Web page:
From a degree in management studies and a love of hip-hop to waking up a nation of young urban music fans - we find out how producer Dari Samuels has forged a career at BBC Radio 1Xtra.
Briefly - what is your job and what are your key responsibilities?
I produce the 1Xtra Breakfast show for BBC Radio 1Xtra – a national station dedicated to hip hop and r&b music. My main responsibility is to lead a small team of production staff and presenters that creates a radio show, plus supporting multimedia content, for young fans of urban music.
What was your first job in your area and how did you get it?
My first paid job in radio was an entry-level position, a broadcast assistant at 1Xtra. I got the job by applying for one of the positions advertised in a national newspaper. There was an application form and two interviews I had to get through. I hadn’t previously worked in a professional radio environment, but I did have experience of doing student radio, DJing, being a freelance music journalist, and helping a friend set up their own small independent record label.
How long did it take you from there to where you are now?
I’ve been working at 1Xtra for 12 years, five of them as a producer.
Did you do any formal training?
I’ve got a BSc in Management Studies from Royal Holloway, University of London. In terms of media training, I’ve done that on the job, through BBC-run courses and by learning from experience.
Was there a formative person or programme which made you want to work in your area?
Nelson George is an American culture critic who was one of the first mainstream journalists to write about the hip hop music scene in the 1980s. He’s gone on to write books and make films about various aspects of African American culture. After reading a couple of his books and seeing him appear in documentaries, I could see how it was possible to build a respected career out of showcasing, celebrating and critiquing urban music.
What is your favourite TV/radio programme or online offering at the moment?
I used to play a lot of sports when I was young, so I’m a fan of the My Sporting Life radio show on talkSPORT where I get to hear some of my childhood sporting heroes talk about their eventful careers.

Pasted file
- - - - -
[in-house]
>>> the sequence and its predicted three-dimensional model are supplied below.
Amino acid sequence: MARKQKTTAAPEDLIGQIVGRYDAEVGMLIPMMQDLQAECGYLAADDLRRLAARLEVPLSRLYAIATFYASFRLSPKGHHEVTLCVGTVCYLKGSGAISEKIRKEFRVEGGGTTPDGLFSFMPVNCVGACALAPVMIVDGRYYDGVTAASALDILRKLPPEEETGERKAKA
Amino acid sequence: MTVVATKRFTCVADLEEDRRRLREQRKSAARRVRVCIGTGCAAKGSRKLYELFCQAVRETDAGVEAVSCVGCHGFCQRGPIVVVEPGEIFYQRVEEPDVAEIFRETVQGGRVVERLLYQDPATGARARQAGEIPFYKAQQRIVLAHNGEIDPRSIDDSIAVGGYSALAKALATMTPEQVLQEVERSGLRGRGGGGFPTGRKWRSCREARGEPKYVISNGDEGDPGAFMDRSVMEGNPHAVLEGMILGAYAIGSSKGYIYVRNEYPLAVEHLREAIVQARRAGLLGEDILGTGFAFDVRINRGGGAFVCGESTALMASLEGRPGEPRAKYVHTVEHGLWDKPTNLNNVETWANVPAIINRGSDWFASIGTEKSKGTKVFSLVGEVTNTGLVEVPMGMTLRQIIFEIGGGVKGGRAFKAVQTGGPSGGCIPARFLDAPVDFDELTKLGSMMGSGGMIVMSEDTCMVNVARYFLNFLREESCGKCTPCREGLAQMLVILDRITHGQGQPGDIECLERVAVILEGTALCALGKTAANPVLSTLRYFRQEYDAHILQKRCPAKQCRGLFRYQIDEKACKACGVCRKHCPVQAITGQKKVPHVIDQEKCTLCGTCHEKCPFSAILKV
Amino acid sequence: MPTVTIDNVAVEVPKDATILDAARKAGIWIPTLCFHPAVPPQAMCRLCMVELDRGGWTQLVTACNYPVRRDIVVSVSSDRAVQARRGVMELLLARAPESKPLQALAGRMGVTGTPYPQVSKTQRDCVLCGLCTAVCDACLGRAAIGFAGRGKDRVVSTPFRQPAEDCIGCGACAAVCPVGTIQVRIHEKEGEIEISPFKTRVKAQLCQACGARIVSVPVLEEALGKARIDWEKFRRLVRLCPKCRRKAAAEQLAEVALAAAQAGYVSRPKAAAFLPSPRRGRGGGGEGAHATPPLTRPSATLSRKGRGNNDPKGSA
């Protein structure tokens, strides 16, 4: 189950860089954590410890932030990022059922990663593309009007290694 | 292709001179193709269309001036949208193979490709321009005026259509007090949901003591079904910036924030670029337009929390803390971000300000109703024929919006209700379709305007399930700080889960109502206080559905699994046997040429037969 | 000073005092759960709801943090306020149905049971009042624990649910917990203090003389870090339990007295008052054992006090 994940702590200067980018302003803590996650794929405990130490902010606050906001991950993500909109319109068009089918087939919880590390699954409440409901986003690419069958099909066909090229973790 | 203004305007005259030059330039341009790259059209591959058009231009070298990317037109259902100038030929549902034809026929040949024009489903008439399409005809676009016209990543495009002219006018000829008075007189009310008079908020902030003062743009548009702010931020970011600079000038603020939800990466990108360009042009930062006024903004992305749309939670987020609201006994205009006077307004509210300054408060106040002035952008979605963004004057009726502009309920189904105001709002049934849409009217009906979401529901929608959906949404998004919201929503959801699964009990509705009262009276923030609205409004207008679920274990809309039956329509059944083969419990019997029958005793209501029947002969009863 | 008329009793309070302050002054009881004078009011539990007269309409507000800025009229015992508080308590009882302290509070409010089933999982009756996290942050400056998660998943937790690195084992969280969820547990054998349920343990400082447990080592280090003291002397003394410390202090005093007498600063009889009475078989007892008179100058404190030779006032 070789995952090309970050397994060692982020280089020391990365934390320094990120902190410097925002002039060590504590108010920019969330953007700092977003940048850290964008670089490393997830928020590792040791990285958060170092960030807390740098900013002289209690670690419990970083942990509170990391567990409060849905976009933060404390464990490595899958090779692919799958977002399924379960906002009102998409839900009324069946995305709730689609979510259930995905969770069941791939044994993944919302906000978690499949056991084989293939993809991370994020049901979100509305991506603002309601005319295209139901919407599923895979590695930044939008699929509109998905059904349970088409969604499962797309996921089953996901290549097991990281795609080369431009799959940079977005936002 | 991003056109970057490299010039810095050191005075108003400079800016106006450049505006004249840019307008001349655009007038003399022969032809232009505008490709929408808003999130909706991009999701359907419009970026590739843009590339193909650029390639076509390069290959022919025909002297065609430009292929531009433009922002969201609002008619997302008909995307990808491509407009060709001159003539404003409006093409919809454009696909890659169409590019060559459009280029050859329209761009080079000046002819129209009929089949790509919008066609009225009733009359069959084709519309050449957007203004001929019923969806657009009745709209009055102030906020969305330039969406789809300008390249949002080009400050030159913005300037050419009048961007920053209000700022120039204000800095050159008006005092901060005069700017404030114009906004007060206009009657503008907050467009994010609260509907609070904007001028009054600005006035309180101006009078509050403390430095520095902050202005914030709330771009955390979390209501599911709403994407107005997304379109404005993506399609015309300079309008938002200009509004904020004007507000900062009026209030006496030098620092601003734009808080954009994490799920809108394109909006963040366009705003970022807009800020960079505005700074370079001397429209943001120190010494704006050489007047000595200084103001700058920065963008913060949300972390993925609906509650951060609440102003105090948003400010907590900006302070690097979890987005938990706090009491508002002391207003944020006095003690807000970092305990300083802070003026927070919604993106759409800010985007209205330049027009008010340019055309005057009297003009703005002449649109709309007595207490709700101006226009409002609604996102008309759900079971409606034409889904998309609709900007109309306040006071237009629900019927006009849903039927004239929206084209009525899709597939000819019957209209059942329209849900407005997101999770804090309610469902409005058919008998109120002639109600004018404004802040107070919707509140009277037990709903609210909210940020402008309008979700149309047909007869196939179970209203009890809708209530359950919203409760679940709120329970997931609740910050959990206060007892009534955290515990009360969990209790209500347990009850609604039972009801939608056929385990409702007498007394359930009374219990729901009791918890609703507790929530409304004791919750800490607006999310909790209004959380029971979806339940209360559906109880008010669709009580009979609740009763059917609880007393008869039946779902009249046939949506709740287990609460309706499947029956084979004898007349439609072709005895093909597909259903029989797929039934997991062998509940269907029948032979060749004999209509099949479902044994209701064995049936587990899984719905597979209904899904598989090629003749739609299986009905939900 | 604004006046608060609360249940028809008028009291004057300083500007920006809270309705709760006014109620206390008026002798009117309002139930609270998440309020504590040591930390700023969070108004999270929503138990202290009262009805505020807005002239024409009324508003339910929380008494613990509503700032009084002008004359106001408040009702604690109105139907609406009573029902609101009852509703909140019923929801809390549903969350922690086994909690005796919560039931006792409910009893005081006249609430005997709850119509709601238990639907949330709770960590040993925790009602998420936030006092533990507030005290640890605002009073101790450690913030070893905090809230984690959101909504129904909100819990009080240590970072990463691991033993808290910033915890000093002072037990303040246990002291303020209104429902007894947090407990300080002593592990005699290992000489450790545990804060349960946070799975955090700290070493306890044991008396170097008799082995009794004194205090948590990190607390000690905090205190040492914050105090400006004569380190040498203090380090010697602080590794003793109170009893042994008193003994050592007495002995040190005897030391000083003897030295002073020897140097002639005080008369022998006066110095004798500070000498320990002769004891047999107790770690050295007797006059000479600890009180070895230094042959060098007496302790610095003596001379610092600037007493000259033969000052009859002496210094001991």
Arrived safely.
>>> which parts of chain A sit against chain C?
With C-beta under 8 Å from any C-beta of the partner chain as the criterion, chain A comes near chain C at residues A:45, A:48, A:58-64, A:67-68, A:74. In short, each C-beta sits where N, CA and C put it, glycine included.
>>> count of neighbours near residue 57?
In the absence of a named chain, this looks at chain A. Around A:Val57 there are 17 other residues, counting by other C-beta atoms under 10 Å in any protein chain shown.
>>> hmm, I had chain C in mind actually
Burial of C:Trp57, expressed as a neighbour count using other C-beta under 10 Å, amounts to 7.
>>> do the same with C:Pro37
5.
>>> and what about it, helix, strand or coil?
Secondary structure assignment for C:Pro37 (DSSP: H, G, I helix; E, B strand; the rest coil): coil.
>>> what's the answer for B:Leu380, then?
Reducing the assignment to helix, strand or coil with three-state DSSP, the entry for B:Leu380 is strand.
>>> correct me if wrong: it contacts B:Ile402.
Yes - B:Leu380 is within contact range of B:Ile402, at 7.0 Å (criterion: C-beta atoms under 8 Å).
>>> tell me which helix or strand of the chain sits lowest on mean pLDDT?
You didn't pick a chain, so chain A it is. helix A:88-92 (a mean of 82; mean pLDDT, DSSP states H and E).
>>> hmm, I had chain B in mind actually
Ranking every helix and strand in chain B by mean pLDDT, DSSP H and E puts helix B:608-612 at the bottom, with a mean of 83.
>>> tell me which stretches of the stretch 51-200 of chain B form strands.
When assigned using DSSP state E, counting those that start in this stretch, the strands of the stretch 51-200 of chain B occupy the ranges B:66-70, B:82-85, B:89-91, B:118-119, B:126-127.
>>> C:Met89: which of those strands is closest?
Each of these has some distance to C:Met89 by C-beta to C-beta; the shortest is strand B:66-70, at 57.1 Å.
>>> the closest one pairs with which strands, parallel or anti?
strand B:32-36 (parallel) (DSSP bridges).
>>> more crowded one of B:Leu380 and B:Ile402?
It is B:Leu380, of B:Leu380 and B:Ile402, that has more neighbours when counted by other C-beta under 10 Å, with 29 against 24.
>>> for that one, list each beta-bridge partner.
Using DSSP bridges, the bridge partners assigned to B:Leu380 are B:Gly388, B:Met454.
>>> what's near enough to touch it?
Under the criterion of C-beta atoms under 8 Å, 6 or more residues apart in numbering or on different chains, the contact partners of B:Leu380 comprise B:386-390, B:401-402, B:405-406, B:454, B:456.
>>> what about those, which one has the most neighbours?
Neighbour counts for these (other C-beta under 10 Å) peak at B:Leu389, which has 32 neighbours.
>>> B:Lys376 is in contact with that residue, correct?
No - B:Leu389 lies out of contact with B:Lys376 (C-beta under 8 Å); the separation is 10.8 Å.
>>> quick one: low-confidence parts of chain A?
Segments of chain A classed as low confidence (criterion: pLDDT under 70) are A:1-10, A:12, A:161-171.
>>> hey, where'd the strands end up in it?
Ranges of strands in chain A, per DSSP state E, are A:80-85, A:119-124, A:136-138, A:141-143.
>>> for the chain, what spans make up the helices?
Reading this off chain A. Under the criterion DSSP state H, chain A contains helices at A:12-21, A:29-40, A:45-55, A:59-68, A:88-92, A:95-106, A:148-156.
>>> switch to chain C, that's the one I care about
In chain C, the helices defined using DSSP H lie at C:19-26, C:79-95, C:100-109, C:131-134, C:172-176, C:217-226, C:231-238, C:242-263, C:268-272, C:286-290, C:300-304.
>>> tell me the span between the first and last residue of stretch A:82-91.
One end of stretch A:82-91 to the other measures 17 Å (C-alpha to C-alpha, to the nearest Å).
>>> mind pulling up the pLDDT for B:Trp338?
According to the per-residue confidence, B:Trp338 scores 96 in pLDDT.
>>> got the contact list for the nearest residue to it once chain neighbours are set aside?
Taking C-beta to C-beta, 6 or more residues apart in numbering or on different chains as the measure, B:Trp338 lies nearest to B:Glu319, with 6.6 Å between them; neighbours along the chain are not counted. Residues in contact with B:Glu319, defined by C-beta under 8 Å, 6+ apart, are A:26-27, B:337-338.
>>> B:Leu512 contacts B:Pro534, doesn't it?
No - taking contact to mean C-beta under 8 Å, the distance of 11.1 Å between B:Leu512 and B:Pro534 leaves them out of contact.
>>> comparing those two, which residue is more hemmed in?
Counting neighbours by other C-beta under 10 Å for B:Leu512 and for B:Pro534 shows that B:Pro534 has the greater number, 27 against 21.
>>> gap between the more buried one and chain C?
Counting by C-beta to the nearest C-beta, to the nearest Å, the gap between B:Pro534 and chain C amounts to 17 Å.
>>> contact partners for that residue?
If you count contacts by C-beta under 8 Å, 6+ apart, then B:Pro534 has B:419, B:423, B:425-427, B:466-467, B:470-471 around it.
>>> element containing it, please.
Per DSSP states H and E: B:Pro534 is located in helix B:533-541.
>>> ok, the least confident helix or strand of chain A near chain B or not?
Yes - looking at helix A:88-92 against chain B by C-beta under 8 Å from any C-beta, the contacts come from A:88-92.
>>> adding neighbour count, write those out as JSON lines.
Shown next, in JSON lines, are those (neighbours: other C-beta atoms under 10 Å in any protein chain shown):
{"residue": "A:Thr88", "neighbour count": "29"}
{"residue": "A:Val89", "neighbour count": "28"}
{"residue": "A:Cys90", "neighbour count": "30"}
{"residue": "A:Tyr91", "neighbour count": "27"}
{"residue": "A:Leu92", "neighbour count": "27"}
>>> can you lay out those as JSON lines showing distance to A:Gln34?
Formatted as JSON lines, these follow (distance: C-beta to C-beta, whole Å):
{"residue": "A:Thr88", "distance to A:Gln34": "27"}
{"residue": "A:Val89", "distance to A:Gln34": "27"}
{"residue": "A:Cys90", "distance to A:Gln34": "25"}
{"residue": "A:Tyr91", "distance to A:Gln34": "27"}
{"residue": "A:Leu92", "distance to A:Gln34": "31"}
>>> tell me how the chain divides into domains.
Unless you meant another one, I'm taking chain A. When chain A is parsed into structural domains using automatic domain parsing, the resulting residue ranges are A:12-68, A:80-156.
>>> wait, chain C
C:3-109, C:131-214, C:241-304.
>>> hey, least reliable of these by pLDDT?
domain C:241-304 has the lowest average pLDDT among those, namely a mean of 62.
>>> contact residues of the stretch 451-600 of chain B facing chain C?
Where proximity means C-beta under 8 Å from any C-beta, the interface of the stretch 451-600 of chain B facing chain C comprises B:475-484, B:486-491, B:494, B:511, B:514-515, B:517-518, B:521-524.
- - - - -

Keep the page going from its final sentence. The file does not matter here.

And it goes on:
Has there been a moment where you’ve thought, “I can’t believe I get paid to do this!”?
Not really - although my job gives me the opportunity to meet some famous people and experience some exciting things, I’m always aware that I’ve got a job to do. Yes, it was great to be able to fly to Nuremberg and watch an England World Cup football match live in the stadium; but along with the enjoyment came the pressure of having to deliver quality content about one of the world’s biggest sporting events.
What’s been the proudest or most memorable moment of your career so far?
An early highlight was getting the chance to interview some of my favourite music producers and DJs for a radio documentary I was making about the history of remixing. An even bigger boost came later on, when I was contacted by an editor at the BBC World Service who had enjoyed listening to the documentary on the radio and wanted to broadcast it on his own station.
What things do you always have with you – physical objects and personal skills?
My mp3 player - so I can check out the new music that my audience is listening to, as well as the tunes I enjoy listening to.
Most useful skill you’ve developed?
Adaptability - I continually have to adapt to changes in audience tastes, work practices, industry trends and available technology in order to remain effective in my job.
Hardest lesson learnt?
If you always do what you always did, you’ll always get what you always got.
Which tools do you use to keep up to date on the industry?
I use Twitter to keep up to date with the views of influential industry figures, and I use YouTube and listen-on-demand web sites to check out what the competition is doing.
Anything you know now that you wished you knew then?
You don’t have to be the boss to be a leader in the workplace.
Who has taught/inspired you the most?
The audience ultimately decides if the content I produce is a success or a failure. So, they are the ones who teach and inspire me the most. I spend a lot of time looking through the comments that they make via social media; plus, when I’m on public transport, I eavesdrop on conversations other people have to find out the things that my potential audience are talking about, and the issues that are most important to them.
What three tips would you give someone wanting to do your job?
1) Get relevant experience.
Bosses tend to prefer hiring people with experience rather than novices with enthusiasm. So, relevant experience is invaluable, even if it’s only through work experience or a hobby.
2) Build a reputation.
In order to progress, you have to maintain a professional attitude and work hard to build yourself a reputation for delivering results.
3) Stay connected to the real world.
It’s easy to lose yourself in the hype, spin and gossip that fills the media world. So, it’s important to have friends outside the industry who can provide you with priceless reality-checks.
What are you up to next?
Making sure my alarm clock is set - when you produce a breakfast show, you’ve got to be out of bed very early!